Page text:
On March 15, 2021, U.S. District Court Judge Vernon Broderick of the Southern District of New York granted Macau-based billionaire Ng Lap Seng’s motion for compassionate release based on the growing COVID-19 risk in federal prisons. United States v. Ng Lap Seng, No. S5 15-CR-706 (VSB), 2021 WL 961749 (S.D.N.Y. March 15, 2021). What made the decision particularly remarkable was that Ng was soon to be fully vaccinated for COVID-19, which prosecutors argued reduced the risk of his exposure to the illness while in prison. It may be too soon to tell whether Ng’s case will turn the tide of compassionate release as the vaccines became increasingly available—similar requests by scores of defendants have been denied—but it does point to possible avenues for securing compassionate release in other (non-COVID-19) scenarios.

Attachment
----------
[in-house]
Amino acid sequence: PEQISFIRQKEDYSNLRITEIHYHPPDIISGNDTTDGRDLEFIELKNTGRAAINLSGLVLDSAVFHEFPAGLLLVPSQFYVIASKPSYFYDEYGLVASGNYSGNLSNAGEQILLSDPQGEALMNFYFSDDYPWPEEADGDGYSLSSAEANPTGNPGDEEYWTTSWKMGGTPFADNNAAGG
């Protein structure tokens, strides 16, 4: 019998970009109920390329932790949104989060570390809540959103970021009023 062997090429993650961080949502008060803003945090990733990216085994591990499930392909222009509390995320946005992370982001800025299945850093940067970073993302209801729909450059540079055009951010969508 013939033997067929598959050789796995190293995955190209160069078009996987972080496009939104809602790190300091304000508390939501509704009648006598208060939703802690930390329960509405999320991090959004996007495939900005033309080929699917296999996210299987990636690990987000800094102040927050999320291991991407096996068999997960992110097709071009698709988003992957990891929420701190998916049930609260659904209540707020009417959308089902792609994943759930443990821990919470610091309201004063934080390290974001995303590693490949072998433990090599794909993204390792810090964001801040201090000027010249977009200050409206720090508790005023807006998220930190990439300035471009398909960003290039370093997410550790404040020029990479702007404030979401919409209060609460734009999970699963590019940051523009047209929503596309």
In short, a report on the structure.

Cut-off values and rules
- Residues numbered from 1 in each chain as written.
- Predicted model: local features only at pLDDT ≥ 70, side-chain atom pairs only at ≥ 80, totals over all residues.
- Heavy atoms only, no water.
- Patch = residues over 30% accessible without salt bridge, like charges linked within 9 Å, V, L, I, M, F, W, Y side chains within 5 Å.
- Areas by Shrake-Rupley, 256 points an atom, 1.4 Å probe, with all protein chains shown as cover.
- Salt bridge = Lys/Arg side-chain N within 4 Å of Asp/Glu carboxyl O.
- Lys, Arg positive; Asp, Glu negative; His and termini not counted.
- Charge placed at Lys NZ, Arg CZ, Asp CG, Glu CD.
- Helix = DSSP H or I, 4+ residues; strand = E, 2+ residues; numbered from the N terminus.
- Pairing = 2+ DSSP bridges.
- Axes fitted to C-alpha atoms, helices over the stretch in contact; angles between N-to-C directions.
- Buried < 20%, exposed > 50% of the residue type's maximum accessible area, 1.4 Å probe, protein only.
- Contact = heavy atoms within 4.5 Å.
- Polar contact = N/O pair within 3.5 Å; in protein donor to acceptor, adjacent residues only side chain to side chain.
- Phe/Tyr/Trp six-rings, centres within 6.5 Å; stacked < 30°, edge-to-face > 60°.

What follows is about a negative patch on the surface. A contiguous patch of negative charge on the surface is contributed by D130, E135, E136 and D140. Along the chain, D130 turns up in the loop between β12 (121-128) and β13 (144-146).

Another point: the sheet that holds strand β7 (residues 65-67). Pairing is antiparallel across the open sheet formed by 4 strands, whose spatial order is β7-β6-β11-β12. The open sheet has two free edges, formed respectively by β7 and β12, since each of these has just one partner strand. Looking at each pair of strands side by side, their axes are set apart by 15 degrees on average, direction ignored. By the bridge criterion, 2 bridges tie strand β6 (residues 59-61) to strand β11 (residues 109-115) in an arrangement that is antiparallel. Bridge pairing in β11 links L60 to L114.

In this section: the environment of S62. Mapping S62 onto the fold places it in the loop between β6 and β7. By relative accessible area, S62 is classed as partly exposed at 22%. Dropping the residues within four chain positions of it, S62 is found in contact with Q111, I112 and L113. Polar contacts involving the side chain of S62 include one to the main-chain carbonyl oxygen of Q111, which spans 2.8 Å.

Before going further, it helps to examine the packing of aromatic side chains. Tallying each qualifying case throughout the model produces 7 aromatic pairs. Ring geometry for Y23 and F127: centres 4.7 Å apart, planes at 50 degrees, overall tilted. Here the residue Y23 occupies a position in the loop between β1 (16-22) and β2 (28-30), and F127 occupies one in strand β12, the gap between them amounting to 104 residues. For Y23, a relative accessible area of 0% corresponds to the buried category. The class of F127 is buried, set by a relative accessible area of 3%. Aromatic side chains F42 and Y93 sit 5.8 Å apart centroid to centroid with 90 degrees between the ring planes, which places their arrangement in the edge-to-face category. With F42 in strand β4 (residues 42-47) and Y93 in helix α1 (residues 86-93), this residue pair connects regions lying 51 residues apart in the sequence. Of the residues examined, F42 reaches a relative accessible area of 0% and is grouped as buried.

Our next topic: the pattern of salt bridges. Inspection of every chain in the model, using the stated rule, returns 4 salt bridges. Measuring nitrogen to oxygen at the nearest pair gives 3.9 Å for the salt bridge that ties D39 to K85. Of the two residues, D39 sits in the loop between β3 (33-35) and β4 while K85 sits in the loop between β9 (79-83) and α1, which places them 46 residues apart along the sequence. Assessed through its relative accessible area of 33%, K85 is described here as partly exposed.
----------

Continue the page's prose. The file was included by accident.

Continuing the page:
Following the alarming rate of COVID-19 outbreaks in the Federal Bureau of Prison (BOP) system, courts have received an influx of motions for compassionate release pursuant to the 2018 First Step Act (FSA). Codified in 18 U.S.C. §3582(c), the FSA was a bipartisan effort to reduce the federal prison population through the expansion of available mechanisms for an inmate to request a sentencing reduction Before the FSA, sentence reduction applications for federal prisoners had to be initiated by the Bureau of Prison (BOP). The FSA enabled federal prisoners to initiate the sentence reduction application after waiting a certain period of time or after a BOP refusal to initiate the application on their behalf. This sentence reduction remedy has been colloquially referred to as “compassionate release,” because the court may, and often does, reduce the sentence to time served, resulting in an immediate release.